Surely you didn't mean to type "physical". Even if Amazon did nothing else, they'd still order, receive, unpack, assemble, rack, stack, power, cool, and network their servers with an economy of scale that I can't possibly match.
And who could ever claim that AWS requires no maintenance? It takes plenty; I should know. But the problem isn't that Amazon is necessarily less expensive, or more expensive, or more reliable, or less reliable. All of that depends on the context. The problem is that the context is rarely reported in this genre of blog post. These posts tend to fixate on the size of the hosting bill. This is the year 2013, and unless its business model is hopelessly flawed, the hosting bill is one of the smallest problems a new company will ever have.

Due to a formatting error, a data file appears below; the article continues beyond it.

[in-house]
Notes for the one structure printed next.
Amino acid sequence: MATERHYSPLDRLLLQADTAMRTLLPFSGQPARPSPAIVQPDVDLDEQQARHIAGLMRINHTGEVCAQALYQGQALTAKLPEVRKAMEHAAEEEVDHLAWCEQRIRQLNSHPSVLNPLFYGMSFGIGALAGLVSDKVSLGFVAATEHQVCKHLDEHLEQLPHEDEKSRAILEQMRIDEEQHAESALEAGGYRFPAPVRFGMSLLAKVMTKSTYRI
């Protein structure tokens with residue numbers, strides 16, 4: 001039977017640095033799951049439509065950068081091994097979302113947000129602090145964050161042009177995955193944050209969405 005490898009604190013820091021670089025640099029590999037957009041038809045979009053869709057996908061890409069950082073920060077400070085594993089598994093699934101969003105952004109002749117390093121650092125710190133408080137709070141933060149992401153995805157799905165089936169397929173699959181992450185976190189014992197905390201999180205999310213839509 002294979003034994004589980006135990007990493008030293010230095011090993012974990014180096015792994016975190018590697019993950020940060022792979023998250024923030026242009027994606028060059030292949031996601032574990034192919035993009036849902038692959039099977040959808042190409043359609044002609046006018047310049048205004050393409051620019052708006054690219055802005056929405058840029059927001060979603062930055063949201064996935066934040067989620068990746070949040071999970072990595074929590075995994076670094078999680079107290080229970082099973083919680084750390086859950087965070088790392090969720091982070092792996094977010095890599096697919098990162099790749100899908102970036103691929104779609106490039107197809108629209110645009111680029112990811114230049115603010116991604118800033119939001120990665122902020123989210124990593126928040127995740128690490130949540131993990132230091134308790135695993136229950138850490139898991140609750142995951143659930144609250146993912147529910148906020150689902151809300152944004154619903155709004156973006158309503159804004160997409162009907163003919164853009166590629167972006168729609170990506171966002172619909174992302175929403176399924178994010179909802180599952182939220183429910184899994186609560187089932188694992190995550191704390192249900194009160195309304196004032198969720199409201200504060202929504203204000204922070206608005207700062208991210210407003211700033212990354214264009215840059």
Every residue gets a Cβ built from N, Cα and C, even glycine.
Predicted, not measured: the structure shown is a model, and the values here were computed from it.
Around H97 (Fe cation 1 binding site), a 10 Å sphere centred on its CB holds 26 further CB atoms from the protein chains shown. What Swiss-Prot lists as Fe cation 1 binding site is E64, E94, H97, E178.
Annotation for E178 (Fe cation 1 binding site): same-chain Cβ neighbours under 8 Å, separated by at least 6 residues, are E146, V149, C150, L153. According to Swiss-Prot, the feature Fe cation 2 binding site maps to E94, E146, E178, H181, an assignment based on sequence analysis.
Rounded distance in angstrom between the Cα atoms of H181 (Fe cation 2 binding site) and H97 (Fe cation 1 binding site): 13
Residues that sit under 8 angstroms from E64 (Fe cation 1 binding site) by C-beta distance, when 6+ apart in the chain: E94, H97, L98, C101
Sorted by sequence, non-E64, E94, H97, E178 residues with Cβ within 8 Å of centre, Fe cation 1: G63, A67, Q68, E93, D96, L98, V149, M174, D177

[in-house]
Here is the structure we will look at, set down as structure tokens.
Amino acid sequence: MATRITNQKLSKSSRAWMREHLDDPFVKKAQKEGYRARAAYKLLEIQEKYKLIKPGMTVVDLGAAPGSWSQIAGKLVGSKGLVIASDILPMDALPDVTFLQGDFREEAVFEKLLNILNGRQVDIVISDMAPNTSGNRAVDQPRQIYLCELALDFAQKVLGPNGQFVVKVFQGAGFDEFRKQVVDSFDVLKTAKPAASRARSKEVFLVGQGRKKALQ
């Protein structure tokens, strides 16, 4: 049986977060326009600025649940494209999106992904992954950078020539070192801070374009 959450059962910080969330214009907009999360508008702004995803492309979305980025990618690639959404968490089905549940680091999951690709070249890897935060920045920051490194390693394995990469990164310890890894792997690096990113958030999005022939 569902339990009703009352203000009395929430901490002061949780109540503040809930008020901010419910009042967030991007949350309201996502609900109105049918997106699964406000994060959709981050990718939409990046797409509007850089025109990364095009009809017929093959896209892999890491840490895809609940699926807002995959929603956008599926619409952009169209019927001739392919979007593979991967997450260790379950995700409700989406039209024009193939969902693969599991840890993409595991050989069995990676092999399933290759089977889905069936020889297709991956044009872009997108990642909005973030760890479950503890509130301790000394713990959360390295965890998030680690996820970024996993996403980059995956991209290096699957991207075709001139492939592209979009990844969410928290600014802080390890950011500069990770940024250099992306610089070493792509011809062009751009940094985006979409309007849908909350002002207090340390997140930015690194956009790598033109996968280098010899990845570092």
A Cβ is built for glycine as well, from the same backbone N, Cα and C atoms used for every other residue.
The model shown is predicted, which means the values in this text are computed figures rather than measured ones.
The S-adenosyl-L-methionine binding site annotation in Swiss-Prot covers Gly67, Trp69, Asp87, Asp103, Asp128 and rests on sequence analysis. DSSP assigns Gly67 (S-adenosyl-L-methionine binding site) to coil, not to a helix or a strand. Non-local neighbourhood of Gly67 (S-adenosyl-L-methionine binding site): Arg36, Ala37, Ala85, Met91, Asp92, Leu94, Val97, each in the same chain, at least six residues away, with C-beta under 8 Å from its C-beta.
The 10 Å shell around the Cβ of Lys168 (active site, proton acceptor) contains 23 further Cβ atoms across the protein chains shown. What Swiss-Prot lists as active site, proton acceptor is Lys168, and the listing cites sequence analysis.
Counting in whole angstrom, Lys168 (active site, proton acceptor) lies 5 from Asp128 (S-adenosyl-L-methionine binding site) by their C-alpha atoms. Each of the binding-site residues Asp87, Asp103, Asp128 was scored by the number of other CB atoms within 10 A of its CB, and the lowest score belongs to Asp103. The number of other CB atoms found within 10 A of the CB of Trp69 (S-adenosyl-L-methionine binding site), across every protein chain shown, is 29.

But maybe I'm wrong about that, so I wish these writeups would provide more context to explain why I'm wrong in this or that particular case, and by how much. Yes, I see the hosting bill is down. But are the savings significant to the business? Did the migration take one engineer-day, or twelve, or thirty-eight? Did it reduce the size of the codebase or increase it, and which modules were affected? Is the time required for testing and reliable deployment up or down, and by how much? How has your planning for various disaster scenarios changed? Are you getting more or fewer alerts in the middle of the night?